Here is where bilingualism can really be leveraged to change your life. Reach has never been quite so easy or immediate. However, it has also never been quite as difficult as it currently is to stand out. Speaking a second, third, or fourth language is a quick way to differentiate yourself as well as increase your base market. Not only that, but if someone can write effective copy in a second language, that person can undoubtedly integrate into a community without many questions or hesitations from the locals. As I mentioned above, knowing just 4 languages can give you access to over 2 billion potential clients. Anyone who has traveled has seen things that are similar in the homes of people from countries around the world. Just because someone speaks a different language doesn't mean they don't have a need that matches your offer.
Switching up which language you are working in can also facilitate work flow. Trying to come up with new ideas and content constantly in the same language can become debilitating. There are many ways to deal with this, a walk is far easier and takes much less time, however adding a second language to the equation can do much more. Whenever I am feeling trapped I just read a little bit in a different language or write some more in the second language. Sometimes all it takes is stacking another W and remembering that the only cage is your own mind. It is my opinion that the rewiring of the brain that takes place during language acquisition gives people a much needed escape from their own mind.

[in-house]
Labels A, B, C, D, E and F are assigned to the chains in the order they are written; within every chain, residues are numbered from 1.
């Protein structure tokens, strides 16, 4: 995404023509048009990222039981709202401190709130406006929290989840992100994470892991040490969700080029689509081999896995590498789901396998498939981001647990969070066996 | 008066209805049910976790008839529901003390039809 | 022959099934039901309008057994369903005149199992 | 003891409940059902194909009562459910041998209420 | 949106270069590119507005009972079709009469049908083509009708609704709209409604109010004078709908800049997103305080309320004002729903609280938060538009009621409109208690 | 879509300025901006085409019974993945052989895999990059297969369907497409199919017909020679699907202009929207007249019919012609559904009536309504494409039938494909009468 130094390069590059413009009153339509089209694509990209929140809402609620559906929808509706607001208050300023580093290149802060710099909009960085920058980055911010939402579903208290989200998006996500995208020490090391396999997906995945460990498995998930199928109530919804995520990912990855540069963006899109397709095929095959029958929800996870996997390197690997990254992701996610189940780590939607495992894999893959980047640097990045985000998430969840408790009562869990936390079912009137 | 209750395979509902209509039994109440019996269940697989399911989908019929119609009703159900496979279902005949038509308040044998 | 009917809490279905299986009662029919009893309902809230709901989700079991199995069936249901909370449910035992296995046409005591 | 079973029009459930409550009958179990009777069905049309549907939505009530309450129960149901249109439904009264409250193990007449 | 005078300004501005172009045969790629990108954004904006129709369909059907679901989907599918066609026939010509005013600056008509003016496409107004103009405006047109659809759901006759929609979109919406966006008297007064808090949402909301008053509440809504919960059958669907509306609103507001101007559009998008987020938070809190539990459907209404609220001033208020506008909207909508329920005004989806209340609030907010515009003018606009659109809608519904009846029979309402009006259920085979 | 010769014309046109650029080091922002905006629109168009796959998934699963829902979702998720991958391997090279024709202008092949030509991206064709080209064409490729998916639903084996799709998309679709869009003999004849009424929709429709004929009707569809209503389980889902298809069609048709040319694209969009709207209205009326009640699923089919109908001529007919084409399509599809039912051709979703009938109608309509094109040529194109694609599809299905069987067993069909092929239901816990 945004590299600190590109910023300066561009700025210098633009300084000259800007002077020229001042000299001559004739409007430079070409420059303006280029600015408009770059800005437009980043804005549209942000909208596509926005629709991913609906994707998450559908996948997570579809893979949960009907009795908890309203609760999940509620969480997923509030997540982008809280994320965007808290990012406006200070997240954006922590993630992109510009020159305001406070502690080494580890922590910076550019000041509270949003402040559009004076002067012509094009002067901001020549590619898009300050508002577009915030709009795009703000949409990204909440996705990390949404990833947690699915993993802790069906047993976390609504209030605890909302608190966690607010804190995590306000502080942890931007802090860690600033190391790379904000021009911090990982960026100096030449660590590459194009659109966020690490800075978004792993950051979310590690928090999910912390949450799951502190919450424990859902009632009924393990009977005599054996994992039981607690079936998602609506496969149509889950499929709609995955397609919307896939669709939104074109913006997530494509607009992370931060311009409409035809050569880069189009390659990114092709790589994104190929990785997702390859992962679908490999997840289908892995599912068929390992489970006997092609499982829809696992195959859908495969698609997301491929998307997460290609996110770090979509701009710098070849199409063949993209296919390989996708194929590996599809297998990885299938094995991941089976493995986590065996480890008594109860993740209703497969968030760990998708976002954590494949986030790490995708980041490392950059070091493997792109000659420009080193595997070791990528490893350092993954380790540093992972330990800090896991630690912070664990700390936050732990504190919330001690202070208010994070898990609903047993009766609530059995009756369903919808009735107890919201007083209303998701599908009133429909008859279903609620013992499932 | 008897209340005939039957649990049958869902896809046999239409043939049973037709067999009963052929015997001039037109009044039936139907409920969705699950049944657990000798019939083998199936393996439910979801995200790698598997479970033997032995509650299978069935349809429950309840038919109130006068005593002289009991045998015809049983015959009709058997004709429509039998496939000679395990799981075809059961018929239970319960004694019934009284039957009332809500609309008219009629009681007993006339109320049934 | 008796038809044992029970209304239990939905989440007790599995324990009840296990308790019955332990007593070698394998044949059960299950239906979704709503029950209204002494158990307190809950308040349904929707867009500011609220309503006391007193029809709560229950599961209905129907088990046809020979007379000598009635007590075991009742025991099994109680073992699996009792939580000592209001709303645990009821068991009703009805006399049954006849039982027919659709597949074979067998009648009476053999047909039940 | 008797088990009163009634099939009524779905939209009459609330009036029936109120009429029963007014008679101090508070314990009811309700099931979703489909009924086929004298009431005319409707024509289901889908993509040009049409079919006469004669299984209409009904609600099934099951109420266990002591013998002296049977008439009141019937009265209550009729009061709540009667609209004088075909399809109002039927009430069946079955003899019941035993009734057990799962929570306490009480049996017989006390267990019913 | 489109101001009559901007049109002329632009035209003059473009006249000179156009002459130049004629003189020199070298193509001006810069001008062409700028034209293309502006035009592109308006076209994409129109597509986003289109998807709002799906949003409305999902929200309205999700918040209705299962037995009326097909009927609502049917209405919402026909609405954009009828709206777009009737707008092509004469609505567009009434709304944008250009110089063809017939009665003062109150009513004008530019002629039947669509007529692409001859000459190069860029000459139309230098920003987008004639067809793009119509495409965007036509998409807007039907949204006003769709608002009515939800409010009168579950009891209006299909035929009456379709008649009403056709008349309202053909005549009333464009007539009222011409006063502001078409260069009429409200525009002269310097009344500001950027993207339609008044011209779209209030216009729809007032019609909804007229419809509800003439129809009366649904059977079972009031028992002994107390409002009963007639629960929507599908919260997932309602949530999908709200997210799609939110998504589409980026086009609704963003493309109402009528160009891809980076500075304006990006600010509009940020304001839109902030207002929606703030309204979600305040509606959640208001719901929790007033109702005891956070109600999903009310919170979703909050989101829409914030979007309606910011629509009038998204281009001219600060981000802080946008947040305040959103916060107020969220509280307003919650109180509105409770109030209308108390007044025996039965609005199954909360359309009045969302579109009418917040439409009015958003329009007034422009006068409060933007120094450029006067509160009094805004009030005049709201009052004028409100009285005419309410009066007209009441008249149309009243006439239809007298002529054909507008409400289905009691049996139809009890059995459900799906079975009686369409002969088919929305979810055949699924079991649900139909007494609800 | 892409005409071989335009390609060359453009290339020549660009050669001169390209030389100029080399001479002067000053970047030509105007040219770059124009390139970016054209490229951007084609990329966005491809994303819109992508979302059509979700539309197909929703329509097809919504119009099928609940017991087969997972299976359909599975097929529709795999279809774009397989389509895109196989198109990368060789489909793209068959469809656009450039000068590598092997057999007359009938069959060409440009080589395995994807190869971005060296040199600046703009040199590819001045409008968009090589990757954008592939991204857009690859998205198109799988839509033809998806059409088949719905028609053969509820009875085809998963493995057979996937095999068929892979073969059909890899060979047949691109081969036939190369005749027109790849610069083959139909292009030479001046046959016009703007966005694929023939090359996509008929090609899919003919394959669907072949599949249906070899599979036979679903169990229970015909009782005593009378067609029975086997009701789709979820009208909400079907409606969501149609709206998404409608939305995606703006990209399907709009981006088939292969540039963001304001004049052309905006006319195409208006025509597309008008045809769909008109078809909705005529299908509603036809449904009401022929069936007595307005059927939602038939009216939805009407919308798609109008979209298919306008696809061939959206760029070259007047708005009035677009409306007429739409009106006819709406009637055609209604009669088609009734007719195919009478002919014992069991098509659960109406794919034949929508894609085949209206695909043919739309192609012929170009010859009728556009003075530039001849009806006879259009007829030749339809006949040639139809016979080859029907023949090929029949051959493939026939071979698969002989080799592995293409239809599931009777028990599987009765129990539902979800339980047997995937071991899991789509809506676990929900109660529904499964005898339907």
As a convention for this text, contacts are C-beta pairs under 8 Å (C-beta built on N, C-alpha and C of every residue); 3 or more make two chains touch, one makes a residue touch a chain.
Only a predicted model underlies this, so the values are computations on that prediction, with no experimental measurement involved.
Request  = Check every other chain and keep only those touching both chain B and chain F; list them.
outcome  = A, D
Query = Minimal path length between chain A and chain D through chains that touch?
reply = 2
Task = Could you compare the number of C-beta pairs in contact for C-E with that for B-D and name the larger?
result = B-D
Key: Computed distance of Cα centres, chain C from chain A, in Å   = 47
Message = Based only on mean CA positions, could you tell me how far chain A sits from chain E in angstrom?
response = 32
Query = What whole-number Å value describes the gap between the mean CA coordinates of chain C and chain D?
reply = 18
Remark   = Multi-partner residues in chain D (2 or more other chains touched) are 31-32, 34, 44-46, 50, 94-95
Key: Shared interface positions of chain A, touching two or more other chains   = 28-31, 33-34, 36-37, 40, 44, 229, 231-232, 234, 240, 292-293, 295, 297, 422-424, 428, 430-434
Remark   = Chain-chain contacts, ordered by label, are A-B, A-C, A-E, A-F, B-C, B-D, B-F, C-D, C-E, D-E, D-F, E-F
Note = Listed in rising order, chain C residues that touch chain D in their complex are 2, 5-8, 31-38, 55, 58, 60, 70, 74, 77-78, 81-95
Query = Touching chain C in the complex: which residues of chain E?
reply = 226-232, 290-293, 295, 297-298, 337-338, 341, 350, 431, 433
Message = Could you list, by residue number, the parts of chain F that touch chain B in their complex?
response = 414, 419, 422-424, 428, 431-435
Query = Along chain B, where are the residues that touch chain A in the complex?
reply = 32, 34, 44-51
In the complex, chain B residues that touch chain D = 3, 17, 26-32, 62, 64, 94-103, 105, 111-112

Alongside this freedom, another freedom is granted upon second language acquisition, that being the freedom to travel. Many people will never truly get to experience a country and its culture. It is next to impossible to get to know a place when you are trapped in the gilded cage that is a resort. Having spent most of my traveling time either staying at hostels or living with the locals, I can confidently say that learning a second language has led me to adventures that would have been impossible had I limited myself to only being able to speak English.
Finally, for those who care, being bilingual makes it easier to remain anonymous. The ability to fluctuate flawlessly between languages allows people to distort the perception of themselves and can misdirect people. If no one even knows which language you speak as a mother tongue it can be exponentially more difficult to find anything else out. There is a reason that linguistic ability is consistent in spy movies, some things are realistic. Being able to blend in and integrate with the help of a second language has its benefits beyond a larger check or a healthier brain.
Becoming bilingual will get you paid more, but there are many factors that contribute to pay, be sure to discuss options with internal decision makers before doing anything drastic. I want you to be able to see the world the way I have; through the eyes of the locals and not the eyes of a tourist. The only way to do this is to get out and start speaking your target language. Potential salary increases, nootropic benefits, and an increased resource pool? What more do you need to convince you to start on that second language today?
Becoming bilingual is difficult, but you can do difficult things and be great. So go do difficult things and become great. Here I’ve given you some of the tools, but in the end, there is no comprehensive guide, no tips or tricks to carry anyone across the finish line. Language acquisition requires time, effort, and consistency. That said, it is something that anyone of any age is more than capable of accomplishing. I’ll be here rooting for you and watching your progress.